Math 3510 - Junior Honors Seminar
Applications of Geometry
Dr. Sarah J. Greenwald
Where to Get Help
326 Walker Hall,
I am always happy to help you in office hours. An open door
means that I am on the floor somewhere, so come look for me.
Check this often.
Dr. Sarah's MAT 3510 WebCT
The Bulletin Board
is the easiest way to ask a math question outside of class and office hours.
You are responsible for reading all posts - you should check the bulletin
board about once a week.
I prefer that you use office hours since it is easier to discuss
material in person, but if you can not make them, then the newsgroup
is a great alternative.
I usually check the newsgroup numerous times every day including the
Geometry at Work by Cathy Gorini
handouts given out
loose-leaf notebook to organize handouts, notes and your work
printouts of your work -
for information about ASU charging for print services.
Course Syllabus and Goals
While geometry means measuring the earth, too often it is presented in an axiomatic way, divorced from reality and experiences. But in this course, we will use intuition from your experiences with hands on
models and data to understand real-world applications of geometry such as the geometry of the universe and applications of geometry to art, mapping the brain, robotics, graphics, space shuttle navigation and
We will begin by studying the geometry of the earth and
universe and a historical overview of geometry. The rest of the
topics will be chosen by student interest
(see http://www.cs.appstate.edu/~sjg/class/geo.html for
possible topics). In the process, we'll see the interplay between geometry and
numerous other subdisciplines such as (depending on the topics chosen
by the students)
linear algebra, modern algebra,
analysis, differential equations, probability and statistics.
In addition, we will see the connections between geometry and
fields such as
(depending on the topics chosen
by the students)
history, physics, astronomy, philosophy, art,
computer science, architechture, medicine, biology and chemistry.
Secondary goals of this class include
devloping the skills to read and write mathematics,
how to handle notation, how to use library resources effectively, and
how to present mathematical information in a
clear and concise way. Students will write about mathematics from both technical and expository viewpoints, and will research their chosen topics
using the resources in our library and those available over
In this manner,
we will work to improve research, writing and typesetting
has been designated as a
writing intensive, and
Plan to spend 4-6 hours
per week, out of class, on average, on this course.
Attendance and participation are expected and required.
Please try to be punctual in attending, as I try to start each class on time.
If you must be late to a class, or must leave early,
then do still attend, although
you can expect that the portion of the class that you miss will be deducted
from your attendance allowance.
You are responsible for all material covered and all announcements
and assignments made at each class, whether
you are present or not. You are also responsible for announcements
made on the web pages, so check them often.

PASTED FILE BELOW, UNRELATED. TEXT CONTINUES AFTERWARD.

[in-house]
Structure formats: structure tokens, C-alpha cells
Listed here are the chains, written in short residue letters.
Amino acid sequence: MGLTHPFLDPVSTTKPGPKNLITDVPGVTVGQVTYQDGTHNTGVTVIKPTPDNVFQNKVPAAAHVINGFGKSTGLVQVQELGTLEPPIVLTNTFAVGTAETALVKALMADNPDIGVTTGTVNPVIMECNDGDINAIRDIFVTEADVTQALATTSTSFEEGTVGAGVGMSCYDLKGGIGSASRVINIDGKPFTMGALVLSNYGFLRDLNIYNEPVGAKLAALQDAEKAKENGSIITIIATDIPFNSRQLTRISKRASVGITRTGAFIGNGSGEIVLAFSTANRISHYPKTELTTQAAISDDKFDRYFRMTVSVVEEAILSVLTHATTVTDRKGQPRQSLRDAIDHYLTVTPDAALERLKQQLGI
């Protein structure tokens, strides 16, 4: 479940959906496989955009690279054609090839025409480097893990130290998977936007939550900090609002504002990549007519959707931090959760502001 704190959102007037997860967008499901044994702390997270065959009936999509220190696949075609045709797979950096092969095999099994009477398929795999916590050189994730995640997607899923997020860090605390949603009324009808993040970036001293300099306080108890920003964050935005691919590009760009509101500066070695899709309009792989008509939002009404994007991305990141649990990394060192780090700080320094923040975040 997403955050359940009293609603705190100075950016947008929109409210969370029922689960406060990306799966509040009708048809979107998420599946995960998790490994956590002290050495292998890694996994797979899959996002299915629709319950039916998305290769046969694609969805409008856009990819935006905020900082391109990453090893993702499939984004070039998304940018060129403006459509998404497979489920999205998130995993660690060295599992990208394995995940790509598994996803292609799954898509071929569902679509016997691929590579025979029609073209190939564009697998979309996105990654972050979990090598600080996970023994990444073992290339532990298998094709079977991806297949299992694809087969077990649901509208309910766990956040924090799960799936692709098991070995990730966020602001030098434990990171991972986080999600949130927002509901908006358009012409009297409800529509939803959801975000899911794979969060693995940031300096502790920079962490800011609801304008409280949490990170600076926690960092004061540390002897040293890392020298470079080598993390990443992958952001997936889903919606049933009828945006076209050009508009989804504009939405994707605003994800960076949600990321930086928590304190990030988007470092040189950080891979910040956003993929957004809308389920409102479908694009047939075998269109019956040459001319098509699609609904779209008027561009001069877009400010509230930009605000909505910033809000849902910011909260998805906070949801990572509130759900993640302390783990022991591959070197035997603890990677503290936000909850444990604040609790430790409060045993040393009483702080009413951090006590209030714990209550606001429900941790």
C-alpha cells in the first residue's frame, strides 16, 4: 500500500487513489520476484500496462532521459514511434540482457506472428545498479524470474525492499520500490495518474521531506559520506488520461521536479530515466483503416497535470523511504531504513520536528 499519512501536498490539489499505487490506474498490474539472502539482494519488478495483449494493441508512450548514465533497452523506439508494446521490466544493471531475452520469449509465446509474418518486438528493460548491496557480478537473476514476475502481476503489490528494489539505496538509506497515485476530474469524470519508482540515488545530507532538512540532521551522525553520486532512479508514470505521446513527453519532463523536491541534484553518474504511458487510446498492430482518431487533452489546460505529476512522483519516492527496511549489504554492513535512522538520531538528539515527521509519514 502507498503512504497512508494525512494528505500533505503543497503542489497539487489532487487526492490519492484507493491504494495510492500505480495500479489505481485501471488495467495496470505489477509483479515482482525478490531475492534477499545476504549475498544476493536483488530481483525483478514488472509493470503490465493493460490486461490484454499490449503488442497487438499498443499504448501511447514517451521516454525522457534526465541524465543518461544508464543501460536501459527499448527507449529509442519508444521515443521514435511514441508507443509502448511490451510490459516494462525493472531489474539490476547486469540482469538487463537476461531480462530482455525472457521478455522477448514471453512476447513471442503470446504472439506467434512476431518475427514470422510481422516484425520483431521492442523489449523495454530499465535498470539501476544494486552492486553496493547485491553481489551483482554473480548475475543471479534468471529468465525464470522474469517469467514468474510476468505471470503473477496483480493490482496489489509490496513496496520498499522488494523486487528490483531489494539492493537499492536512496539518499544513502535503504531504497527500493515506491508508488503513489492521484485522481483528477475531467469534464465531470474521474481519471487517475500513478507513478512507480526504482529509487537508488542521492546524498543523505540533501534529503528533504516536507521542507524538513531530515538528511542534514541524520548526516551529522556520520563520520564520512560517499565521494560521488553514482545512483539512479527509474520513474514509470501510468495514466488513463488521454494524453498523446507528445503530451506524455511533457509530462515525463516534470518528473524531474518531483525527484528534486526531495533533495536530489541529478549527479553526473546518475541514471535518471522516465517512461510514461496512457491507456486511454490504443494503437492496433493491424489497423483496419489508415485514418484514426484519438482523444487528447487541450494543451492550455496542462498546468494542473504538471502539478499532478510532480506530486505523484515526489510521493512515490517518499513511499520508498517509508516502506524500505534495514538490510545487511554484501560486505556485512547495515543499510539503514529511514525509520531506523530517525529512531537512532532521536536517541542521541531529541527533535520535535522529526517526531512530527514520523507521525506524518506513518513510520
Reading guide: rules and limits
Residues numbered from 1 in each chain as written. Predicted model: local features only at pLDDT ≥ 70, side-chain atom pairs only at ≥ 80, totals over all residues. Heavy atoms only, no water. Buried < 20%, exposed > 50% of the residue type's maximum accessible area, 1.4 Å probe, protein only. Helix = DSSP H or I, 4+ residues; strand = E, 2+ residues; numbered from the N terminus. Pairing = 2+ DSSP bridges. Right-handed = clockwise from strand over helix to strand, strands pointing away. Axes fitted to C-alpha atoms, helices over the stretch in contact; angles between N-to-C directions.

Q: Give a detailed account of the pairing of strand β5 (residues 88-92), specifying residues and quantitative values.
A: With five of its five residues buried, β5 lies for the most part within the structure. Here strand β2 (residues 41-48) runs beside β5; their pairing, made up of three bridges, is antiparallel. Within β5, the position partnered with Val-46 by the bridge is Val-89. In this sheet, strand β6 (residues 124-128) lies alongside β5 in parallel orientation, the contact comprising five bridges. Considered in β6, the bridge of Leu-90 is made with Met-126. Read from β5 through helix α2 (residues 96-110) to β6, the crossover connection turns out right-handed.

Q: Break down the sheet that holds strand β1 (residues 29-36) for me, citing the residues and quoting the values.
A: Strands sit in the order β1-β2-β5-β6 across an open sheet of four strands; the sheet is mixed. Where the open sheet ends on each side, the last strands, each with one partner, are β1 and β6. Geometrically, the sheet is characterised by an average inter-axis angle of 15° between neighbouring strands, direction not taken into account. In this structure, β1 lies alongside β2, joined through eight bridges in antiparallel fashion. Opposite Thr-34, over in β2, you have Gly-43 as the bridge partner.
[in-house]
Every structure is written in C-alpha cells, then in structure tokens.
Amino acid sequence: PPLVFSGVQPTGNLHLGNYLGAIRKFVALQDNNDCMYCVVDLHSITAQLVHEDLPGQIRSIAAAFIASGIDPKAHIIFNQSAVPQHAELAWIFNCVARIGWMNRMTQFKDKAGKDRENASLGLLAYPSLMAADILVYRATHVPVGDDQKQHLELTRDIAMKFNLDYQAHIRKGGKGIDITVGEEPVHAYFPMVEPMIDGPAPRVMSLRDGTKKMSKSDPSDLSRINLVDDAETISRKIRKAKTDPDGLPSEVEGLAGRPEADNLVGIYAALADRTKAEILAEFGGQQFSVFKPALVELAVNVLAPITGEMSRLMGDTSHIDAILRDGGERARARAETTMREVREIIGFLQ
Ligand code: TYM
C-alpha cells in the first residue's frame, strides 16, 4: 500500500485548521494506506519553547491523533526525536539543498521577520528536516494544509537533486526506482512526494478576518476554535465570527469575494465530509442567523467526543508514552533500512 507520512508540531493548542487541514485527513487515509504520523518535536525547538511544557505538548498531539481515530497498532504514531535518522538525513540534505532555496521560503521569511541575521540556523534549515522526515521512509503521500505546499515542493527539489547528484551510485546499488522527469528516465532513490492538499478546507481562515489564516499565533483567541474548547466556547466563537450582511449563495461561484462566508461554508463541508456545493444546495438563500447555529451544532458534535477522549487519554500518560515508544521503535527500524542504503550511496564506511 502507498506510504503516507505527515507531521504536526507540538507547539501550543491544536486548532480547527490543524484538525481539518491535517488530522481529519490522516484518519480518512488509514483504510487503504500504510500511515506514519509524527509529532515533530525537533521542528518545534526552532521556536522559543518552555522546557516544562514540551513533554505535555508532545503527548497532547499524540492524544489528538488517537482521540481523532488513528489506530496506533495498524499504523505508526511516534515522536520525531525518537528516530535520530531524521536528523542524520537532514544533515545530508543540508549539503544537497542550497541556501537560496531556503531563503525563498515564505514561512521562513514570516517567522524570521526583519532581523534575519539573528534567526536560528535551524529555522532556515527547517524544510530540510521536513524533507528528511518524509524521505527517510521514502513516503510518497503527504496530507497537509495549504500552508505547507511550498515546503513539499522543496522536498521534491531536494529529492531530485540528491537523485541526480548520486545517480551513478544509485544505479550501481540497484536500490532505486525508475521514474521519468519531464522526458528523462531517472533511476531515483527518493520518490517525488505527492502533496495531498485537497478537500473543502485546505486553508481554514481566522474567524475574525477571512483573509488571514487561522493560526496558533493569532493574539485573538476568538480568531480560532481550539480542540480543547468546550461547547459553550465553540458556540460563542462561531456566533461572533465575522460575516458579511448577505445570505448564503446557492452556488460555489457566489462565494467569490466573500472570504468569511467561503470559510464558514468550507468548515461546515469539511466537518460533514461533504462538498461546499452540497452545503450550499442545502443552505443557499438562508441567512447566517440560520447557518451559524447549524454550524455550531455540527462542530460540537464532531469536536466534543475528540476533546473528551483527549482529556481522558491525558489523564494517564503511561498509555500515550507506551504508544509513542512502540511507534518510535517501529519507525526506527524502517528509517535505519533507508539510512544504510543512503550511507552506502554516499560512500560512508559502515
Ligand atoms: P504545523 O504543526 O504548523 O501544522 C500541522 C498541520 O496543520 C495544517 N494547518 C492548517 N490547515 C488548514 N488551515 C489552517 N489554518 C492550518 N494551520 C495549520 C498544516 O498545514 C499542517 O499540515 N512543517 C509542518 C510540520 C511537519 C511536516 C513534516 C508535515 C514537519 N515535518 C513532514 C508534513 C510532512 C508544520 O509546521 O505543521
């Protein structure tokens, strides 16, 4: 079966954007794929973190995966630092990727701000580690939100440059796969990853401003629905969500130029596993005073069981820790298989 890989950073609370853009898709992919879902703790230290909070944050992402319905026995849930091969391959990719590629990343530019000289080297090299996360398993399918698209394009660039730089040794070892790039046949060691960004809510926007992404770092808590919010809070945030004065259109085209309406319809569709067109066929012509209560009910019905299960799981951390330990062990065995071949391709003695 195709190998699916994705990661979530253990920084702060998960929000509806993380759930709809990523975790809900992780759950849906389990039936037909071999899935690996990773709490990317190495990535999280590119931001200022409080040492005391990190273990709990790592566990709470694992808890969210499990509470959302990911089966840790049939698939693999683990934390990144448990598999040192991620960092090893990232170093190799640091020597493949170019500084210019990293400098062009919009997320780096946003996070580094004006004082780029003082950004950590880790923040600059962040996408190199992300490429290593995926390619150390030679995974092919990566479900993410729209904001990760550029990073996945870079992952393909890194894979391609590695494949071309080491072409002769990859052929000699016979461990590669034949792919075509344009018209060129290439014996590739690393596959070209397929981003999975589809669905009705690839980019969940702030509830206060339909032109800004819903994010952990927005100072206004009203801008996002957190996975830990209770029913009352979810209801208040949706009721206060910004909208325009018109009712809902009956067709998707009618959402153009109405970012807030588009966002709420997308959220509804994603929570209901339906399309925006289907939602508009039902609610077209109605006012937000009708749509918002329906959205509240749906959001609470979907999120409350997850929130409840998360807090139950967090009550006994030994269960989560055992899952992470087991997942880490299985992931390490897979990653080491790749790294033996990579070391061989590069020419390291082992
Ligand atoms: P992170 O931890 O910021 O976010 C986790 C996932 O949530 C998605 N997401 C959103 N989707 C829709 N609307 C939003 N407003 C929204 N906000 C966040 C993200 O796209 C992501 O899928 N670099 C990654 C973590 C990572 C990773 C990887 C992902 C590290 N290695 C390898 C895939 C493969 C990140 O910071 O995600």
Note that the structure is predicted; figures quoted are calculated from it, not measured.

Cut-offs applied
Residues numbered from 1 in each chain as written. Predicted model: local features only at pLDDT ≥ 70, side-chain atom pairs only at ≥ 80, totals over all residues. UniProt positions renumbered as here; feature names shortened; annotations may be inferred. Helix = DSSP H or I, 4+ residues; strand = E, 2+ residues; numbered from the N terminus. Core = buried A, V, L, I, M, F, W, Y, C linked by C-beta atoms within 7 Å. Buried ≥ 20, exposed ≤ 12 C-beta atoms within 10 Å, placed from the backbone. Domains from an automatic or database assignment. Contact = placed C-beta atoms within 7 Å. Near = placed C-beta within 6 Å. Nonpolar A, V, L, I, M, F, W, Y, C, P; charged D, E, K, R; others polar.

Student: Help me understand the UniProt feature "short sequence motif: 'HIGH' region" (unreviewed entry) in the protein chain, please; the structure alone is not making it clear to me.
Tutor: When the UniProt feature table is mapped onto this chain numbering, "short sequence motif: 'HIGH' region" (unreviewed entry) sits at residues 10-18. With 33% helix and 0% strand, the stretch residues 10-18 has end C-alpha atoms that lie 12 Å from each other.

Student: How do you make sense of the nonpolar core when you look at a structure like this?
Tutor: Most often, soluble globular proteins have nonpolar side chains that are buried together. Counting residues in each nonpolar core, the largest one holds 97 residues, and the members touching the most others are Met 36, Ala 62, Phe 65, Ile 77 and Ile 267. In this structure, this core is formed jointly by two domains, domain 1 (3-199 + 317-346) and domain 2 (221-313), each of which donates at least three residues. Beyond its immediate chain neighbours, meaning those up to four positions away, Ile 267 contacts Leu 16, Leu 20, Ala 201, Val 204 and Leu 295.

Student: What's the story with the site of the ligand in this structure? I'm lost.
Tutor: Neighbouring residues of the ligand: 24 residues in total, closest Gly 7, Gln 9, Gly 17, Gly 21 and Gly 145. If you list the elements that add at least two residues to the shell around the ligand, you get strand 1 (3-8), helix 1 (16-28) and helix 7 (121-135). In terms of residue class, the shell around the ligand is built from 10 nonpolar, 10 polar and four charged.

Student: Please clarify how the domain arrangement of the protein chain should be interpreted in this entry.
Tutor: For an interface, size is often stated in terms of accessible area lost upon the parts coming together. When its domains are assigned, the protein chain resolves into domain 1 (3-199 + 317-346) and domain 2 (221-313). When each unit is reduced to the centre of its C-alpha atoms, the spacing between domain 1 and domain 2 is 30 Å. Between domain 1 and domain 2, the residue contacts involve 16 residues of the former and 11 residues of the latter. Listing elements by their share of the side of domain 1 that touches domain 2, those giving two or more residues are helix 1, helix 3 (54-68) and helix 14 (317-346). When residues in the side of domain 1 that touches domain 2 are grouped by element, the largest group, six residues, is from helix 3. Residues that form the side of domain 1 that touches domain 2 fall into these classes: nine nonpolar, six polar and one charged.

revisions will be allowed in
response to comments I have made. Respond to the comments-use them as
invitations to clarify your
understanding of the problem or my understanding of your solution.
You cannot turn in revisions unless you have
turned in work when it was originally due and
you must resubmit the original along with the revision.
Typically, you will have one
week to revise your work.
When writing up work, be sure to give acknowledgment where it is due.
Submitting someone else's work as your own (PLAGIARISM) is a serious
violation of the University's Academic Integrity Code.
Asking questions, and explaining things to others, in or out of class,
is one of the best ways to improve your understanding of the material.
This course is to be an environment in which everyone
feels comfortable asking questions,
making mistakes, offering good guesses and ideas, and is respectful to
You should explore each problem
and write out your
thinking in a way that can be shared with others.
Focus on your own ideas.
Turn in projects or prepare to present problems
even if it they are not complete, even if only to say, "I do not
understand such and such" or "I am stuck here."
Be as specific as possible. Conjecture.
In this course, you will be challenged with problems that you have never
seen before. I do not expect you to be able to solve all the issues
immediately. Instead, I want to see what you can do on your own.
Out in the real world, this is important, since no matter what job
you have, you will be expected to seek out information and answers
to new topics you have not seen before.
This may feel uncomfortable and frustrating. I understand this
and want to help you through the process.
It helps to remember that
there are no mathematical dead-ends!
Each time we get stuck, it teaches us
something about the problem we are working on, and leads us to a
deeper understanding of the mathematics.
In the real world though, you are not expected to face your work alone.
You will be allowed to talk to other people
may even be expected to work with other people.
In this class, you are also not expected to face your work alone.
I encourage you to talk to me often in class, office hours,
and the bulletin board.
I am always happy to help you in class, during office hours (or by
appointment), or on the WebCT bulletin board, and will
try to give you hints and direction.
At times though, to encourage the exploration process,
I may direct you to rethink a problem
and to come back to discuss it with me again afterwards. This occurs
when I believe that the struggle to understand is imperative for your
deep understanding of the material.